Hamburg waits and watches, as waters rise
June 14th, 2011
Omaha, NE – It was quiet and somber in Hamburg on Tuesday, as the city watches and waits to see if the rising Missouri waters reach their town.
“I believe by sometime tomorrow we’ll see water on the levee, and we’ll just see how the elevations come up,” said Colonel Bob Ruch, Commander of the U.S. Army Corps of Engineers – Omaha District, as he stood a few yards from a stretch of brand-new levee. Tractors lined up for about a mile behind him, pulling loads of clay and dumping them along the wall.
“The quality of this levee and the material is excellent,” Ruch added. “It’s obviously almost to the standard we’d build a permanent levee to.”
Ruch is working, with volunteers and private contractors, to keep the rising river away from the city of Hamburg, just a mile or so west. Two partial levee breaches along the river last week, and a full breach this week, just five miles west of Hamburg, have put the town in urgent jeopardy.
“We don’t know what we’re going to do,” said Vicki Sjulin, the owner of the Blue Moon Bar and Grill, a family-owned local staple since 1972. The restaurant is open for business, in a town mostly filled with construction workers, along with residents keeping an eye on their boarded-up homes. The pub is surrounded by its own levee, walled up with sandbags.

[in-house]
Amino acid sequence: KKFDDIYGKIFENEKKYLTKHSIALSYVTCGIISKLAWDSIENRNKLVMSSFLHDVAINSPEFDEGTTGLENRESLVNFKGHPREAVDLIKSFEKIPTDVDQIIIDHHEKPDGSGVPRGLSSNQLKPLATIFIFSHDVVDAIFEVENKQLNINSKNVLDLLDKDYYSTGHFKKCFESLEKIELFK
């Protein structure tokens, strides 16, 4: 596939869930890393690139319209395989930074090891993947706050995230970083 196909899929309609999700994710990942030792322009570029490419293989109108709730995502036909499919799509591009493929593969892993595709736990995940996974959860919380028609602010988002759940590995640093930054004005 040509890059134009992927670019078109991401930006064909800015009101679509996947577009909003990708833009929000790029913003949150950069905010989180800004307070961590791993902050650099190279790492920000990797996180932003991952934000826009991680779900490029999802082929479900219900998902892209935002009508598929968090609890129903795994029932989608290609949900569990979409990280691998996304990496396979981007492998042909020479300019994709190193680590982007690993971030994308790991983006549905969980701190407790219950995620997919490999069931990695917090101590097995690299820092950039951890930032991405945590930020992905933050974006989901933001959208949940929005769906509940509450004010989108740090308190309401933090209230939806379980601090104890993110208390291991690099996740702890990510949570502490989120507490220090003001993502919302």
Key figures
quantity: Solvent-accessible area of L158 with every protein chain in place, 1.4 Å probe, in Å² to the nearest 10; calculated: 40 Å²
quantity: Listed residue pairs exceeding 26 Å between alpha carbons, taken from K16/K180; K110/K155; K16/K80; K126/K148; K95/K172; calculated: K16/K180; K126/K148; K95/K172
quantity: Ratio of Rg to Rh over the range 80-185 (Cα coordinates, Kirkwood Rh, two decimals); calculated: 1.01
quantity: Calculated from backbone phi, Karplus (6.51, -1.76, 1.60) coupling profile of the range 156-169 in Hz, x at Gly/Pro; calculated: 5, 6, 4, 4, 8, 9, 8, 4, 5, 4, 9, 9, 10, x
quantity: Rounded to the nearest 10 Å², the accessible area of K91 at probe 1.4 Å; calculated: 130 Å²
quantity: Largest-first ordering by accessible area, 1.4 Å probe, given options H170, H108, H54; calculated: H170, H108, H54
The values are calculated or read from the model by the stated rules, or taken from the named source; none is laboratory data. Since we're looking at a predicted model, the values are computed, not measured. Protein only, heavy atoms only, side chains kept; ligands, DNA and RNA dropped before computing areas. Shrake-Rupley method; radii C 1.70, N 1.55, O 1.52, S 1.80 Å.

“I think we’re going to stay dry, whether we have water around us or not,” Sjulin said. “But the real problem here is once there’s water all around our levee, we lose power, so we’re still losing business.”
Sjulin said her home is safe, far enough away from the water to stay dry. But, she said, she sees people coming into her pub every day, who may have nowhere to go.
“It’s just a wait and see,” she said. “No one knows how many levees north of us are going to break… no one knows. So we could be getting water from all directions, we don’t know.”
Even if the new levee does hold back the river, the fight’s not over. It was built in a week, and though Ruch assured it’s as sturdy as a levee can be, its strength will be tested against several weeks of high water.
“Once you get the levee in, you continue to have a fight,” he said. “You look for seepage. We’ll have patrols out here on the levee, looking for boils and things like that, and then we’ll react to them. I mean, we’re doing that along the entire Missouri basin right now.”
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